Tigers’ fifth-inning meltdown fuels Twins win

Minnesota's Sam Fuld is safe at the plate as he scores from third base on an error by Detroit catcher Bryan Holaday, rear, during the fifth inning on Saturday.  

Ann Heisenfelt/Ann Heisenfelt/AP

MINNEAPOLIS — A sense of deja vu crept in Saturday as the Minnesota Twins mounted a rally without doing much with the bats.

Detroit’s bullpen struggled to find the strike zone, much like Toronto’s relievers did eight days earlier at Target Field. So the Twins took advantage of the Tigers’ erratic pitching by drawing five walks and picking up just one hit in a four-run fifth inning en route to a 5-3 win over Detroit.

It wasn’t quite the eight-walk inning like Minnesota had against the Blue Jays last homestand, but the patience of the Twins’ was once again on display. Drawing walks might not be the most exciting thing in baseball. For Minnesota, though, it again translated to a win.

"If they don’t throw them where you want them, you don’t have to swing," said Twins first baseman Chris Colabello, who drew one of the Twins’ five walks in the fifth inning. "It’s worked out a couple times so far."

Minnesota’s four-run frame began when newcomer Sam Fuld coaxed a walk against Tigers reliever Jose Ortega, who made his first appearance of the year for Detroit on Saturday. Fuld then stole second base, and Aaron Hicks walked to put a pair of runners on with nobody out in the inning.

The Twins scored their first run without the help of a hit, as Tigers catcher Bryan Holaday threw away Eduardo Escobar’s sacrifice bunt in front of the plate. That allowed Fuld to score on the play as Minnesota cut the deficit to 2-1.

Brian Dozier followed that up with a walk, the third of the inning for Minnesota. Joe Mauer did the same one batter later and drove in a run in the process, knotting the game at 2.

Twins 5, Tigers 3

Twins third baseman Trevor Plouffe must not have gotten the memo to take a walk. He instead laced a 3-1 pitch from Phil Coke back up the middle to drive in a pair of runs and give Minnesota a 4-2 lead on its first hit of the game.

"I faced Phil enough to know that he’s sinking the ball up there," Plouffe said. "I didn’t want to chase anything, so I got to 3-1 there and I zoned up on a pitch and got it. . . . We’re just going up there trying to keep the line moving, and we did that again today."

After Plouffe’s two-run single came Minnesota’s fifth walk of the inning as Colabello worked a walk against Coke. But the Twins would strand runners on base as Jason Kubel struck out swinging and Josmil Pinto bounced into an inning-ending double play to end the threat.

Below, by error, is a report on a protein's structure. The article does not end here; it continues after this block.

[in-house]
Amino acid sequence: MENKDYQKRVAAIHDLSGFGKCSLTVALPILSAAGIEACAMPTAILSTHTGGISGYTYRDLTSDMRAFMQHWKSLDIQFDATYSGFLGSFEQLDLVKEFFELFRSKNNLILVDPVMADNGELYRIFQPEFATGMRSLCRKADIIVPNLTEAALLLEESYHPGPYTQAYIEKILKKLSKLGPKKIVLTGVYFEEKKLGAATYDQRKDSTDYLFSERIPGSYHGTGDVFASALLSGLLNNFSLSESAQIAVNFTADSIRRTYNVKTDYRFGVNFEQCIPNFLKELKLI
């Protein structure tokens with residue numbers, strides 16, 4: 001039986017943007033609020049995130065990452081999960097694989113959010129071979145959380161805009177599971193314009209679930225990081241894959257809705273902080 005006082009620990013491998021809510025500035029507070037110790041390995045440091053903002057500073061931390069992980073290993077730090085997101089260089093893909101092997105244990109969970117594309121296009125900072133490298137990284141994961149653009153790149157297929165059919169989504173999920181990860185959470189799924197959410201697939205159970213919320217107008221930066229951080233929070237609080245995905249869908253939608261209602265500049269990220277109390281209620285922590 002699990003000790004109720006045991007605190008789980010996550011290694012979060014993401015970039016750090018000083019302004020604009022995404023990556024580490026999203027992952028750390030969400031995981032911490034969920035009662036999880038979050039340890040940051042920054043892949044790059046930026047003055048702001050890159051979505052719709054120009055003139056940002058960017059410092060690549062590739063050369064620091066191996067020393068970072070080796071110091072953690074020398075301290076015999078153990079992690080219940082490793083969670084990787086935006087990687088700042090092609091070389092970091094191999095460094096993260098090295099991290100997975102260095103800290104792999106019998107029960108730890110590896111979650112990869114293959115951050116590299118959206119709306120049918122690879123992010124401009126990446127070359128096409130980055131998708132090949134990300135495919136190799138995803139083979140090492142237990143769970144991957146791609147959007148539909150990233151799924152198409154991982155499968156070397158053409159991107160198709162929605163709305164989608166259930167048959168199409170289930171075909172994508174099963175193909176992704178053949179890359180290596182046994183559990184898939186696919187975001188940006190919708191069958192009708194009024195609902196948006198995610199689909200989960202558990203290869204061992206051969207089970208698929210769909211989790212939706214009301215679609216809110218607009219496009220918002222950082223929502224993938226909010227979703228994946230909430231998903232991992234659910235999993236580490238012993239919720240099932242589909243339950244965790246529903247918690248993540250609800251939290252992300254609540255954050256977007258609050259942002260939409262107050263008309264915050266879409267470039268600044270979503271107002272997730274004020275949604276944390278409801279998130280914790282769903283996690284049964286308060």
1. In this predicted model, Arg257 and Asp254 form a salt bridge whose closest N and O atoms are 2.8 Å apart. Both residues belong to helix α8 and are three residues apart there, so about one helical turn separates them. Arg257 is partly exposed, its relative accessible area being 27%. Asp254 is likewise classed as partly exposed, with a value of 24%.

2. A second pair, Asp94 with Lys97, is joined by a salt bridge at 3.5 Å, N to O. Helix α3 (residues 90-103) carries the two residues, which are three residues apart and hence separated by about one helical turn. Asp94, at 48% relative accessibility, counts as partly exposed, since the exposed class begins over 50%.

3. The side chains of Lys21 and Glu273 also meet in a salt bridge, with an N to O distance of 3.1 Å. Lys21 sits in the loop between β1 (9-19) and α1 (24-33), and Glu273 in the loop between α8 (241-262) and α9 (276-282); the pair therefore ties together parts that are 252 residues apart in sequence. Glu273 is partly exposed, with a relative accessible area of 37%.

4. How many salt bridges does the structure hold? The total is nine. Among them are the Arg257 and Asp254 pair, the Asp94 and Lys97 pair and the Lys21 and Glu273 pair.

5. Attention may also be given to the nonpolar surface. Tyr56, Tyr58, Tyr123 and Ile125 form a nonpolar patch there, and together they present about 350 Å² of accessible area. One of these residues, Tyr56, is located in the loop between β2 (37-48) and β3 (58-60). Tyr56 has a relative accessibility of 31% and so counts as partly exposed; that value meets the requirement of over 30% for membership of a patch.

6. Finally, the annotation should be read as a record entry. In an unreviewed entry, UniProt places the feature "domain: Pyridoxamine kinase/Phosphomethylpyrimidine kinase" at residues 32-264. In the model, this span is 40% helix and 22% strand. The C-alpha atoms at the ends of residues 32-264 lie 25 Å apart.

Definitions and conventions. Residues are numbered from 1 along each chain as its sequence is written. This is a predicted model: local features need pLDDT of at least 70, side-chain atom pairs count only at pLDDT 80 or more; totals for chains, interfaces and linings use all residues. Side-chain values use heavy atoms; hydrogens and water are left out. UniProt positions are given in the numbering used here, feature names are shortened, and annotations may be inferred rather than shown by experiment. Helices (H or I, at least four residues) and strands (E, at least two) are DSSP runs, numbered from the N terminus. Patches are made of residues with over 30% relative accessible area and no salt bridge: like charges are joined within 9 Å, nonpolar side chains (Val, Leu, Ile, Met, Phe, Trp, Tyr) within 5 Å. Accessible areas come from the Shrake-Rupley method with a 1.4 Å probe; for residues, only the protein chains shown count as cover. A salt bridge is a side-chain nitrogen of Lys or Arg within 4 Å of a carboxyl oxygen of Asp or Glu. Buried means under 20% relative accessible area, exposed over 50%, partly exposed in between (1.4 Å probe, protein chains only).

Still, Minnesota again did damage on offense despite just one hit. The team that has drawn the most walks in baseball added to its total, and the result was a big fifth inning.

"I think that’s called grinding at its finest," Colabello said. "You do whatever it takes to move guys along on the bases and eventually get guys in. . . . It was a really nice inning, just in terms of team at-bats. That’s what it’s all about. That’s what the game’s about. When you go up there, you’re playing for the rest of the guys in the batting order. You’re not just playing for yourself."

The lengthy fifth inning for the Twins’ bats meant starting pitcher Phil Hughes had to wait a bit longer before taking the mound to start the sixth, but he was happy with the run support. Hughes eventually went seven innings, allowing just two runs on four hits to earn his second win of the year.

Minnesota’s offense picked up Hughes on Saturday, but it did so without having to swing the bats much. In all, the Twins walked eight times in the game and finished with only four hits. Just last week at this same ballpark, Minnesota scored six runs while drawing eight walks in the eighth inning against Toronto.

Saturday’s walk party at Target Field wasn’t quite as festive, but the Twins again capitalized on a shaky bullpen. In doing so, Minnesota improved to 12-11 on the year.

"The best teams I’ve ever been on are the teams that come to the field and it doesn’t matter who gets it done today, just that it gets done at the end of the day and we look up and we’ve got more runs than the other guys," Colabello said. "Walks are part of being competitive, having competitive at-bats, putting yourself in position to get a good hit, not being too anxious, not wanting to do too much. I think we’ve got a lot of guys who really understand who they are and are trying to do the best they can to bring that guy to the field every day."

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